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JKSH last won the day on November 12 2019

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About JKSH

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  1. Jim does not come to LAVAG often (e.g. see https://lavag.org/topic/21017-where-are-openg-product-pages-for-packages/?do=findComment&comment=129287 ) I'd imagine you'd get a lot more interest if you post at the JKI forums Nested malleables + VIPC is not a combo that I use
  2. LabVIEW NXG uses UTF-8 for all text strings. I think classic LabVIEW (version 20xx) will unlikely ever get full Unicode support.
  3. Oops, I just realized: We can't use strcpy() because that would also try to copy the terminating null byte. Use memcpy() instead. (Sorry, my C is rusty)
  4. You're welcome Yes. The string bytes must be placed in the memory space immediately after the 4-byte header: (source: http://zone.ni.com/reference/en-XX/help/371361R-01/lvconcepts/how_labview_stores_data_in_memory/) Here's another illustration: A 5-char C string takes 6 bytes of contiguous memory, ending with a null byte: ['H', 'e', 'l', 'l', 'o', 0x00] A 5-char LabVIEW string takes 9 bytes of contiguous memory, starting with a 4-byte integer: [0x05, 0x00, 0x00, 0x00, 'H', 'e', 'l', 'l', 'o'] The LStrHandle cannot hold a pointer to a char array that is held elsewhere.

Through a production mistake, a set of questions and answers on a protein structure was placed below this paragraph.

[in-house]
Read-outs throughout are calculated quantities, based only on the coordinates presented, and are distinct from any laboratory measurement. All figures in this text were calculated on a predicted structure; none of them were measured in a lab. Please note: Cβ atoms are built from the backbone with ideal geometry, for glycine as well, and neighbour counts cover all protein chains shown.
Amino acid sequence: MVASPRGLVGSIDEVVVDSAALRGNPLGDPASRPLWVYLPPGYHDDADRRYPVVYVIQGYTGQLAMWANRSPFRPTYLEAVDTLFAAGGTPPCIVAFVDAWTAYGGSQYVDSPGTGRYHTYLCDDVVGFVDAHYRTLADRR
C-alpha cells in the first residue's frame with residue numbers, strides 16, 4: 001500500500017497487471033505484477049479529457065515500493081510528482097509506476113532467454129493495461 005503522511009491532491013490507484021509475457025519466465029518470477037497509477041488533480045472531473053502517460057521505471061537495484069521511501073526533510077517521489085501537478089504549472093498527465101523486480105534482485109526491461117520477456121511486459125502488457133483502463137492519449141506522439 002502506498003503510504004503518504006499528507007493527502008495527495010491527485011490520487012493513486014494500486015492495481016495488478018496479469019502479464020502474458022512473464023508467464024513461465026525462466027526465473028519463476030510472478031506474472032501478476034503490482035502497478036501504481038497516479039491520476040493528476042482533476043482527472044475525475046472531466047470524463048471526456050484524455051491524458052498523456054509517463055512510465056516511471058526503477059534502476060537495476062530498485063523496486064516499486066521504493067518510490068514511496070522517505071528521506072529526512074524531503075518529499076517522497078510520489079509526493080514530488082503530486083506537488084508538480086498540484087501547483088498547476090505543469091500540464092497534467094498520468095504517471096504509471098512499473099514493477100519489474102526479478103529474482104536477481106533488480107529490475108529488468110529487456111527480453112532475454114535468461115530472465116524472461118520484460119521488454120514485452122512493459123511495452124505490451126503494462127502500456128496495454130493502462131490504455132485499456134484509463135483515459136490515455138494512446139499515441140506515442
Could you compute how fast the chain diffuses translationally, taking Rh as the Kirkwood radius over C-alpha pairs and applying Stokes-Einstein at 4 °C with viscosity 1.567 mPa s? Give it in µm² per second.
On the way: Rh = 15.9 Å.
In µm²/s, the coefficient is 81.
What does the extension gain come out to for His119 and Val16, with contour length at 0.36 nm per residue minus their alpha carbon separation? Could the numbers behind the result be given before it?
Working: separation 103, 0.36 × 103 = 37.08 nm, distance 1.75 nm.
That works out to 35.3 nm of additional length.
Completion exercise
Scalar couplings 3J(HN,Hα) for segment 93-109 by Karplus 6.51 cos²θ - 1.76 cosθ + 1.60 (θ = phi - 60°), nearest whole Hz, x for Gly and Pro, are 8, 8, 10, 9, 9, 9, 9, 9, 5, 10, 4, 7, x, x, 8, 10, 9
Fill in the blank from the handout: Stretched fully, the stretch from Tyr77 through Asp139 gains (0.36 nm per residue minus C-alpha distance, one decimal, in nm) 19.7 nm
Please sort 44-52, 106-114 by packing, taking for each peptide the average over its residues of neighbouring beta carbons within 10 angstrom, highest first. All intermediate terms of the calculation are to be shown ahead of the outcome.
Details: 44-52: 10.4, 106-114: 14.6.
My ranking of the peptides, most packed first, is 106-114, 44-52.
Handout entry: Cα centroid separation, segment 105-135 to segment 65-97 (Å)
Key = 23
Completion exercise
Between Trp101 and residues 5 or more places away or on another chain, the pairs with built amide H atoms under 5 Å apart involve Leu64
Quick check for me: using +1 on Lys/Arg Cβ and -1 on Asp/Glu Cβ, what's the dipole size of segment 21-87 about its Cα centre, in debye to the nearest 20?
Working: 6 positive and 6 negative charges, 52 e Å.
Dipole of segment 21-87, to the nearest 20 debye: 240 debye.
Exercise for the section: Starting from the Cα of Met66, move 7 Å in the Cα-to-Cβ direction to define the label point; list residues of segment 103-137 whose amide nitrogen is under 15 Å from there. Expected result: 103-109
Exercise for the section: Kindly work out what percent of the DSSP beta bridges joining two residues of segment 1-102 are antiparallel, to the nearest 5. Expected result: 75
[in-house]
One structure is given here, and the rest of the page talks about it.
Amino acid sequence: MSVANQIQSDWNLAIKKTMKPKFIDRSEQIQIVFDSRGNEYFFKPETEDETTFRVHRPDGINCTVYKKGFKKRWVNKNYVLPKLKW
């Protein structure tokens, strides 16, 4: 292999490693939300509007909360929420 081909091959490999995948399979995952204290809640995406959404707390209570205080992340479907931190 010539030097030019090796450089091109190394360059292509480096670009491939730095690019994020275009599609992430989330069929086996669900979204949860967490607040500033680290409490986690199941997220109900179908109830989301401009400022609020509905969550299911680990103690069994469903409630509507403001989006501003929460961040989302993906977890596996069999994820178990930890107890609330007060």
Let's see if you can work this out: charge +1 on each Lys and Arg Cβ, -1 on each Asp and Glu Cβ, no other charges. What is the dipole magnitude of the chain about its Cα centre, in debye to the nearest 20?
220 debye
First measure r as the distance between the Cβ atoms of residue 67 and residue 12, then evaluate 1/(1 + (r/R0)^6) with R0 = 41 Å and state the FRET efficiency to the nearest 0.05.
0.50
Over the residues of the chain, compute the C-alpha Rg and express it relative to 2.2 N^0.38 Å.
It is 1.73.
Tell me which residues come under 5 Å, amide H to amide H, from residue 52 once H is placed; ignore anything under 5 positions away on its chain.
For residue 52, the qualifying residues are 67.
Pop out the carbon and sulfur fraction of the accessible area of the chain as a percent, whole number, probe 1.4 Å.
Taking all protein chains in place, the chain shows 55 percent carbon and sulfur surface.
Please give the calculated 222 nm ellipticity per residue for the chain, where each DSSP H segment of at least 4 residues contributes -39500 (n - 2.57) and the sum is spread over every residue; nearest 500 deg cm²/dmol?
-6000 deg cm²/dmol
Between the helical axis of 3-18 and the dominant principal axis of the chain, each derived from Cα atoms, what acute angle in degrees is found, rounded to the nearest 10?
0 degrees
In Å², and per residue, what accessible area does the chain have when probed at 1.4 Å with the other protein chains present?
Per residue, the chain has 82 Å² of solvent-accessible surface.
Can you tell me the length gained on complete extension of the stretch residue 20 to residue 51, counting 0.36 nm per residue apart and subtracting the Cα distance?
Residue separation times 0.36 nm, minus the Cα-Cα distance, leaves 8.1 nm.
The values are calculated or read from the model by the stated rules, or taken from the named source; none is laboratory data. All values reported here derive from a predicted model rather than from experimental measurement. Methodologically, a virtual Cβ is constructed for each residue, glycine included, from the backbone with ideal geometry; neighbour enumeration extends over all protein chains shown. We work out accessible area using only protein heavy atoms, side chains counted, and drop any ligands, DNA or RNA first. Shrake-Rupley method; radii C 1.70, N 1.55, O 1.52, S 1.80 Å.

5. 1) LabVIEW manages the memory of the string itself. You must allocate the memory to hold your full string plus a 4-byte header, then copy all of your string data from the DLL memory into LabVIEW memory: LStrHandle cString2LVString(const char *myCString) { const int headerSize = 4; const int stringSize = strlen(myCString); // Allocate memory for the LV string LStrhandle h = (LStrHandle)DSNewHandle(headerSize + stringSize); // Write the LV string header (*h)->cnt = stringSize; // Copy the data into the LV string memcpy( (*h)->str, myCString, stringSize ); return h; } 2) Assuming that you initialized an empty array in LabVIEW and passed the handle into your Call Library Function Node for iir_get_serial_numbers(), typedef struct { int32 len; LStrHandle str[]; } **LStrArrayHandle; int iir_get_serial_numbers(LStrArrayHandle arr) { LStrHandle buffer[1024]; // Make sure this is big enough for all cases, or use // a dynamically-resizing array like a C++ std::vector. int n = 0; while(s_deviceInfo -> next) { buffer[n] = cString2LVString(s_deviceInfo->serial_number); ++n; } // NOTE: At this point, n equals the number of devices // Resize the LabVIEW array const int headerSize = 4; const int arraySize = n*sizeof(LStrHandle); DSSetHandleSize(arr, headerSize+arraySize); // Write the array header (*arr)->len = n; // Copy the string handles into the array for (int i = 0; i < n; ++i) { (*arr)->str[i] = buffer[i]; } return 0; } 3) Yes you can. NOTE: The variable names are different, but from the LabVIEW Manager's point of view an array handle is basically the same thing as a string handle (in Classic LabVIEW, a string is an array of bytes). Allocation, resizing, and data copying techniques are the same for both types of handles. See http://zone.ni.com/reference/en-XX/help/371361R-01/lvconcepts/how_labview_stores_data_in_memory/